TAUNTON (CBS) – Just south of Boston you can visit a museum that’s almost 170 years old and has more than 13,000 items in their collection. But the star attraction at the Old Colony History Museum in Taunton is their dog, Jean Luc Barkard.
The museum’s executive director, Katie MacDonald, adopted the seven-year-old rescue dog from Alabama and started bringing him to work after a conversation with management about employee perks.
“We were talking about perks at the annual review, and I was like, ‘Oh it would be cool to have a dog here.’ My husband was like you can’t take a dog to work and I was like, well they said I could take a dog to work.”
MacDonald says Jean Luc has become a fixture at the office ever since.
“Some people call him the mascot. You come in the office you say hi to Jean Luc, that’s what you do when you come in. Board members know him.”
MacDonald’s office looks different from most other museum directors. Jean Luc’s dog bed, toys, and food and water bowls are scattered around, but co-workers don’t seem to mind one bit.
“It changes the day a little bit. You have somebody to give a little love to and get a little love from and it’s a nice workday when you can hang out with him,” said community programming coordinator Saria Sweeney.
“Oh, he is the most wonderful addition. One of my favorite things is when you’ll go into the office, he’s seated in the chair just outside the doorway and he sits up so cute, like ‘I’m a person,’” Elizabeth Bernier, assistant to the director, told WBZ.
“I think he’s a good example of that change that we’ve been working on. Museums can have a reputation for being a little stuffy,” MacDonald explained.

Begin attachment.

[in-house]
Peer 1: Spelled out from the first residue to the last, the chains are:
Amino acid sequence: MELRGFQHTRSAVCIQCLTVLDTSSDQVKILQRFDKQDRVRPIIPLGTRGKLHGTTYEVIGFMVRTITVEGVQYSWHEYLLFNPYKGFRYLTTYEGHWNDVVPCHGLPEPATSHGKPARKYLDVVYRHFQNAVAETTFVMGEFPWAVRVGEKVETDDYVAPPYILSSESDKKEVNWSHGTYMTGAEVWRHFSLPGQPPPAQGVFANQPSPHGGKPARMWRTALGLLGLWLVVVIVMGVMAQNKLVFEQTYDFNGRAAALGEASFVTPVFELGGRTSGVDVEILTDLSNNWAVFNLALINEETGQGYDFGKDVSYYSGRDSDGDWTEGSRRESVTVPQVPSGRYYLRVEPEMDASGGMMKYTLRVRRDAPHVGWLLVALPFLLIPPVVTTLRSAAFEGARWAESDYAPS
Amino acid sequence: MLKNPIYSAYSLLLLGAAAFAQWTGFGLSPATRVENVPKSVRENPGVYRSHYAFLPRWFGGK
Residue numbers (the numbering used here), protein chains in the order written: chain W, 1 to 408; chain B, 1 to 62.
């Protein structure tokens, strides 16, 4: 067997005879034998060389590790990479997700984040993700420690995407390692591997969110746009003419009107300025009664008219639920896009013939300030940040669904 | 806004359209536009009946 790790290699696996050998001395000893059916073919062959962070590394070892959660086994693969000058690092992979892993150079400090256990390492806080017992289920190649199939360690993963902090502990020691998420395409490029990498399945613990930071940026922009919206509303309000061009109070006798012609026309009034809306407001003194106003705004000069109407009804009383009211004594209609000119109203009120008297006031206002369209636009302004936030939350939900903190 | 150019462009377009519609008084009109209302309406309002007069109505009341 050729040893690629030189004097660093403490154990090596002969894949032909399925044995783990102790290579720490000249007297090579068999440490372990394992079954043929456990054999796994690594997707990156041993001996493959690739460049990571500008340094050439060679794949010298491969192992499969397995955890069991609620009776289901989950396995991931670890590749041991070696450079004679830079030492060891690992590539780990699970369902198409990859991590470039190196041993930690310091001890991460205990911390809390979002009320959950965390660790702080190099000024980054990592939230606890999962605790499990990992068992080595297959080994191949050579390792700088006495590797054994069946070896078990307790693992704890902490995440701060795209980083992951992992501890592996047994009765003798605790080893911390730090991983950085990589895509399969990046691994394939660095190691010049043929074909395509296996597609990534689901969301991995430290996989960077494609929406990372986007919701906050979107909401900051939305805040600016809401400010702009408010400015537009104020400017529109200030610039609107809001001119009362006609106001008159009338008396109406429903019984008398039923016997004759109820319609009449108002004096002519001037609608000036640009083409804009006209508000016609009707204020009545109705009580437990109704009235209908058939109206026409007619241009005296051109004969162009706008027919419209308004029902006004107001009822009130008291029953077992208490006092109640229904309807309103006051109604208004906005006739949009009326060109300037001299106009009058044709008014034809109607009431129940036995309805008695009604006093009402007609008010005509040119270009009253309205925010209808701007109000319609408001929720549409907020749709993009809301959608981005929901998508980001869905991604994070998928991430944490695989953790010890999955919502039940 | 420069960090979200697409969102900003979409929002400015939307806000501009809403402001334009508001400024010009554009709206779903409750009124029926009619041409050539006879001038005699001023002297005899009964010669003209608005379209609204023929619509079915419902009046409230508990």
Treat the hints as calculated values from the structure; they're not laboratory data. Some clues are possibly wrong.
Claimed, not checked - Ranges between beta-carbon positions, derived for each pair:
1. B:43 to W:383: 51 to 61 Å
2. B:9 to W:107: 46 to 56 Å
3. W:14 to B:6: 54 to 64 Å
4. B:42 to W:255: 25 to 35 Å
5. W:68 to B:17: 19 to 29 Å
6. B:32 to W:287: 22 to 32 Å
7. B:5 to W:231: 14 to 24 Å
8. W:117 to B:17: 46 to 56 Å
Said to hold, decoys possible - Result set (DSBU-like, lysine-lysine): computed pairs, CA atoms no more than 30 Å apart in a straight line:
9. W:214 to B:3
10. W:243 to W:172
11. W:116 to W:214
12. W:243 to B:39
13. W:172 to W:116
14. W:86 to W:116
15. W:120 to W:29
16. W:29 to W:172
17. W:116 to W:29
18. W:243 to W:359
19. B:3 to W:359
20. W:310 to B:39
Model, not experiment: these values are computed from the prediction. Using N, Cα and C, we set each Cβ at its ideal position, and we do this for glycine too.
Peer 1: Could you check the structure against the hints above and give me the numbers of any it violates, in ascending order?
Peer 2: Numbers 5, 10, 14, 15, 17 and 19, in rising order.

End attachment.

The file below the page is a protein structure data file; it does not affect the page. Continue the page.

MacDonald is working hard to change that perception, with the museum hosting paint nights, “Beer with Bronson” the museum curator, even a Zoom cooking class using historical recipes from the collection.
“We’ll try a lot of different ways to engage people with local history. We’ll try most things I’d say,” said MacDonald.
In the gift shop visitors can purchase a Jean Luc souvenir puzzle, and the pup has even inspired some of the museum’s programming, like a scavenger hunt entirely from Jean Luc’s perspective.
“Some people come in and they’re like do I need to whisper? And we’re like no, come on in, check things out, touch the buttons on the river display. We have a kid’s corner downstairs where you can draw, and we have other interactives, so he sort of embodies that,” MacDonald said.
Jean Luc has developed quite the fan base and even has his own Instagram.
One museum volunteer knitted him a blanket, another crocheted him as a small stuffed animal. Once visitor even made a Jean Luc-themed clock.
MacDonald says while Jean Luc doesn’t have any official duties or responsibilities at the museum, he does appear on the staff bio page, and he is pretty good at making everyone feel welcome.
“We do serious history, we do have a lot of interesting things to share, but if you’ve never been here, I think he’s a great entry point. Once you’re here we’re pretty confident you’ll find something that’s interesting or new or that you didn’t know. That’s really our goal to teach people about the local history and hopefully inspire them to love their community more. I think if you come here, you’re going to be pleasantly surprised. We’re willing to take that bet.”
The Old Colony History Museum is open Tuesday through Saturdays. Walk-ins are welcome.